I find it hard to believe, had this person previously worked in customer service, that she would behave the way she did. Yet some of the most inconsiderate customers I’ve dealt with repeat this like a mantra. Being treated like a subhuman on a daily basis for so long doesn’t make me feel like treating others similarly, but perhaps I’m just not bitter and vengeful enough.
When You Enter a Store, You Become a Monster
Mark Thomas McLaughlin

This. I feel as though my experience in customer service has made more more patient and empathetic with the poor souls charged with serving me at businesses and restaurants. I tip as though I am making up for everyone else.

I was fortunate in some ways, that I got retail experience that matched my interests. I studied metal smithing and jewelry in school, and when I graduated, I worked selling watches and in a bead store. The bead store was a family business, run by a woman who wanted it to be “a community” but she didn’t staff it like one. Customers would drop off their children and leave the store, as if we were babysitters, and it about broke the owner’s heart to put up a sign that discouraged it. I had to pretend to call the police on a child who stole a bead from us, because her mother wanted us to help teach ethics. I used to repair ancient costume jewelry for free, for the women who lived down the street at the old folks’ home. Another family brought their adult special needs son and we would spend hours with him. They promoted me to manager and another employee threatened me when I had to manage her. And then, eventually, they fired me.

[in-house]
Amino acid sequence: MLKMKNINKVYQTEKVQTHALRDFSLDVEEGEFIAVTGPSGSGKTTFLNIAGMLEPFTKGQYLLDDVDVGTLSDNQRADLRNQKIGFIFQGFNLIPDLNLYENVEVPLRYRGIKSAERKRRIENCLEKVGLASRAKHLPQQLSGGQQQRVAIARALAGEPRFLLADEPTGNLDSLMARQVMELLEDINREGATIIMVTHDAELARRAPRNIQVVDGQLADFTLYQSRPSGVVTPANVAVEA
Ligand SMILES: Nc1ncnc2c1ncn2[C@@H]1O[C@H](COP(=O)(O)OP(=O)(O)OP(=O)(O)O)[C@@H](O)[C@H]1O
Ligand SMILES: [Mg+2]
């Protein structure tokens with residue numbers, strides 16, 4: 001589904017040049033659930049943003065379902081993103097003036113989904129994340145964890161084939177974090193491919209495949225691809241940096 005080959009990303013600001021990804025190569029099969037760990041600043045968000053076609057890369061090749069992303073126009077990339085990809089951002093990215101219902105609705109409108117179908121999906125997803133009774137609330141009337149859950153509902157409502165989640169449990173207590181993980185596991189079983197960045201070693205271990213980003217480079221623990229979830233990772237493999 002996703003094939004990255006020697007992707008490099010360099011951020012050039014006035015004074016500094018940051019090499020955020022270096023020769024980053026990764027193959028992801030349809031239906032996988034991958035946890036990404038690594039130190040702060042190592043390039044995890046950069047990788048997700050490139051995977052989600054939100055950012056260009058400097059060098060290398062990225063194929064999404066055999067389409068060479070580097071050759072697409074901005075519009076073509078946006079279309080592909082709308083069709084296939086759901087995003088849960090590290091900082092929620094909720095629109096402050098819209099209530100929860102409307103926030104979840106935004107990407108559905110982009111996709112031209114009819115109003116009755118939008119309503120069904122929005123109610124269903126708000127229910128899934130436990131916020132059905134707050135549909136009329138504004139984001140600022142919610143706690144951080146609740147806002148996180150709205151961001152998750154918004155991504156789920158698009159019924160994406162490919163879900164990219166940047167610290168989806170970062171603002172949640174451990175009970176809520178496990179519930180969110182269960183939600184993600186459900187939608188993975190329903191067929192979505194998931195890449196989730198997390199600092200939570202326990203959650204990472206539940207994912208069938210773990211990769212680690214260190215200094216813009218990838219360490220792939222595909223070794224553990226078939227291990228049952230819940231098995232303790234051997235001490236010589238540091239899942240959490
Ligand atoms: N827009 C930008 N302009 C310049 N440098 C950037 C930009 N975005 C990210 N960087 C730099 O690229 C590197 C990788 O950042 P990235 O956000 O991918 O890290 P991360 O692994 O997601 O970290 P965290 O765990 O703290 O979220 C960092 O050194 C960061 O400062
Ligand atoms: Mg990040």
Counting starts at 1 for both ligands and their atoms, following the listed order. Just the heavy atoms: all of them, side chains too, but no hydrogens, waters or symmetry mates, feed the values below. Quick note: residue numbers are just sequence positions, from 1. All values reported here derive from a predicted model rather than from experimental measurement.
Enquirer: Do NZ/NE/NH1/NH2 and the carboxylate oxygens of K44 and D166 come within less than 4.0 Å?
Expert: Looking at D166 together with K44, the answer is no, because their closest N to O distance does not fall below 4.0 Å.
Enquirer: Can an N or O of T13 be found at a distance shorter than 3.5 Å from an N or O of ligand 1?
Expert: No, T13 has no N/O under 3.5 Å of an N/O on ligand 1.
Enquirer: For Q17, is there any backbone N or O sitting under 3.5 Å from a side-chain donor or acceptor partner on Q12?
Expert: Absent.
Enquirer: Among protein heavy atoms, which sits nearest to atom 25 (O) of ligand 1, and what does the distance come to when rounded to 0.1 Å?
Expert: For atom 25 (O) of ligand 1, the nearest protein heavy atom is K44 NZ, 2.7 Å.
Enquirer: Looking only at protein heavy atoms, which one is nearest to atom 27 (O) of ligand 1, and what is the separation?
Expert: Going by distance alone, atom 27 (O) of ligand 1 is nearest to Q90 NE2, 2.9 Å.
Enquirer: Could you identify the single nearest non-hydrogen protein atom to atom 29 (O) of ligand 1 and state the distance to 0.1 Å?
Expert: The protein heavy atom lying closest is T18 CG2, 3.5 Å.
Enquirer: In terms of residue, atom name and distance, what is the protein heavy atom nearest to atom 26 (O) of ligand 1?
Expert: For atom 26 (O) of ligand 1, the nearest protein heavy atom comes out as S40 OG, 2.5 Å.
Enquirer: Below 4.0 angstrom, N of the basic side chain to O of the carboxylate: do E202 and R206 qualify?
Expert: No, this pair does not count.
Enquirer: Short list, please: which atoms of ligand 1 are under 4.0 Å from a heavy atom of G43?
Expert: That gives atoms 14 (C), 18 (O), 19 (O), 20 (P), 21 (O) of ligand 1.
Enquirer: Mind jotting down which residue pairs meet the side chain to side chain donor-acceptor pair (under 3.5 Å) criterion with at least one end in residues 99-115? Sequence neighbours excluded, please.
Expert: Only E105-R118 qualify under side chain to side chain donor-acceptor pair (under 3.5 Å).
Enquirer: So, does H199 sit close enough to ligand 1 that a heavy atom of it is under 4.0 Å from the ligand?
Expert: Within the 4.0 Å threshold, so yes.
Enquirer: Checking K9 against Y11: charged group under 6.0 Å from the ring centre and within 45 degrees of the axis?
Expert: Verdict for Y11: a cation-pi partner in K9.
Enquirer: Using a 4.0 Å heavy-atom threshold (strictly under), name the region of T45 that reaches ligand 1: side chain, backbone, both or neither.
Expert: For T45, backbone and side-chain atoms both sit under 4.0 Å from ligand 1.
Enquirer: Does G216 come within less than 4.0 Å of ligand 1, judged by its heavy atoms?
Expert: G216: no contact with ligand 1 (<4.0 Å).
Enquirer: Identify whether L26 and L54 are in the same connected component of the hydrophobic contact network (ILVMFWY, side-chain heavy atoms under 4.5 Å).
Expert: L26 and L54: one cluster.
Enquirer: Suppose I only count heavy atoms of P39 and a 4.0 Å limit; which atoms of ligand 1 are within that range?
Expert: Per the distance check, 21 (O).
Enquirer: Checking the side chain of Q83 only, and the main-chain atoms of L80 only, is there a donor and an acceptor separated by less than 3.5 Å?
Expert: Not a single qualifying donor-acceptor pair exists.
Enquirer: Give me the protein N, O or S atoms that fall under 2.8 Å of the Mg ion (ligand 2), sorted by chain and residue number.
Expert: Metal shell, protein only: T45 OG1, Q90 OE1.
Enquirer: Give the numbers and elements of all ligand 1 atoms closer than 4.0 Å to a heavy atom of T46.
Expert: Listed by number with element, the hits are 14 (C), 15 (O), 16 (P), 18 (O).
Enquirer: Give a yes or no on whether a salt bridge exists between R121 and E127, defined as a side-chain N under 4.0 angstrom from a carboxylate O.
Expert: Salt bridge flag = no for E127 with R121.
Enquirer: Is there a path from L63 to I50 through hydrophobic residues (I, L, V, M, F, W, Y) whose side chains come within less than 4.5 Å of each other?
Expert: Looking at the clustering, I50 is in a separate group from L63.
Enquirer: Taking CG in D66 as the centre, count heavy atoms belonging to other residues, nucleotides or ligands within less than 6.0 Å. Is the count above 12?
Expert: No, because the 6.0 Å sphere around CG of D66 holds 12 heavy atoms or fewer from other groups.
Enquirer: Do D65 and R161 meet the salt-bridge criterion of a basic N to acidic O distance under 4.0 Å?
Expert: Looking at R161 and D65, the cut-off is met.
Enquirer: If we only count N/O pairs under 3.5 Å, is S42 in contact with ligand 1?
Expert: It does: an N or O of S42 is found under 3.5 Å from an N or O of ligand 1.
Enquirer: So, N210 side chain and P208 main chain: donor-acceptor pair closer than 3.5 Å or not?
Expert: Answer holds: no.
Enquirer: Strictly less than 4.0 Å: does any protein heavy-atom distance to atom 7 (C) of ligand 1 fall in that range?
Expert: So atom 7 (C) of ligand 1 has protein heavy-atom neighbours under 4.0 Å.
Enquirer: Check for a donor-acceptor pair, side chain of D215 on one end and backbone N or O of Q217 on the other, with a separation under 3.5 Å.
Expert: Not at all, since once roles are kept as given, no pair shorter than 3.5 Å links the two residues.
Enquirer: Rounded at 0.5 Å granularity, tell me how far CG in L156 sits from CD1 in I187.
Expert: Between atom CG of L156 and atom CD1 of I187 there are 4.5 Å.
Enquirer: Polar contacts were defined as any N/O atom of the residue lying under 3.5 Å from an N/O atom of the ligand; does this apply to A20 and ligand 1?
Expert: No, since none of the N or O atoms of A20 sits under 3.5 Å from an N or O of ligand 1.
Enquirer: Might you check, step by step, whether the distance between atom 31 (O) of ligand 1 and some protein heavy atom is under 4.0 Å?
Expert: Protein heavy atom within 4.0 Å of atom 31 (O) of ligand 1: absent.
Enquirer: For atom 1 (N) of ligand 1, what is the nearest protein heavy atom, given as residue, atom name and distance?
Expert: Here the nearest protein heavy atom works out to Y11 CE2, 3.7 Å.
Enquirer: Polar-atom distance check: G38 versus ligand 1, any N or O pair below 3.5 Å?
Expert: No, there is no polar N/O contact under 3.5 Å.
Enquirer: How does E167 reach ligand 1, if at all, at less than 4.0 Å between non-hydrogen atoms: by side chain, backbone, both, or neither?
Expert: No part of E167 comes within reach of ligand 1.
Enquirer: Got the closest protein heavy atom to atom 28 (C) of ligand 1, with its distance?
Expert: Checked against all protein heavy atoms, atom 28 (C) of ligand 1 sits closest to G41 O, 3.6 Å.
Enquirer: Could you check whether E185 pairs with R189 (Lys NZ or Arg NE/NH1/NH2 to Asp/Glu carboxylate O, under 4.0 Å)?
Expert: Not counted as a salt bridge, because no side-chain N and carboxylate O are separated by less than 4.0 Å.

I feel as though some of this is due to businesses taking the place of other common, community areas. But I did not sign on to take this role. I was not trained to work with autistic adults or discipline children. I was only trained never to say “no”.

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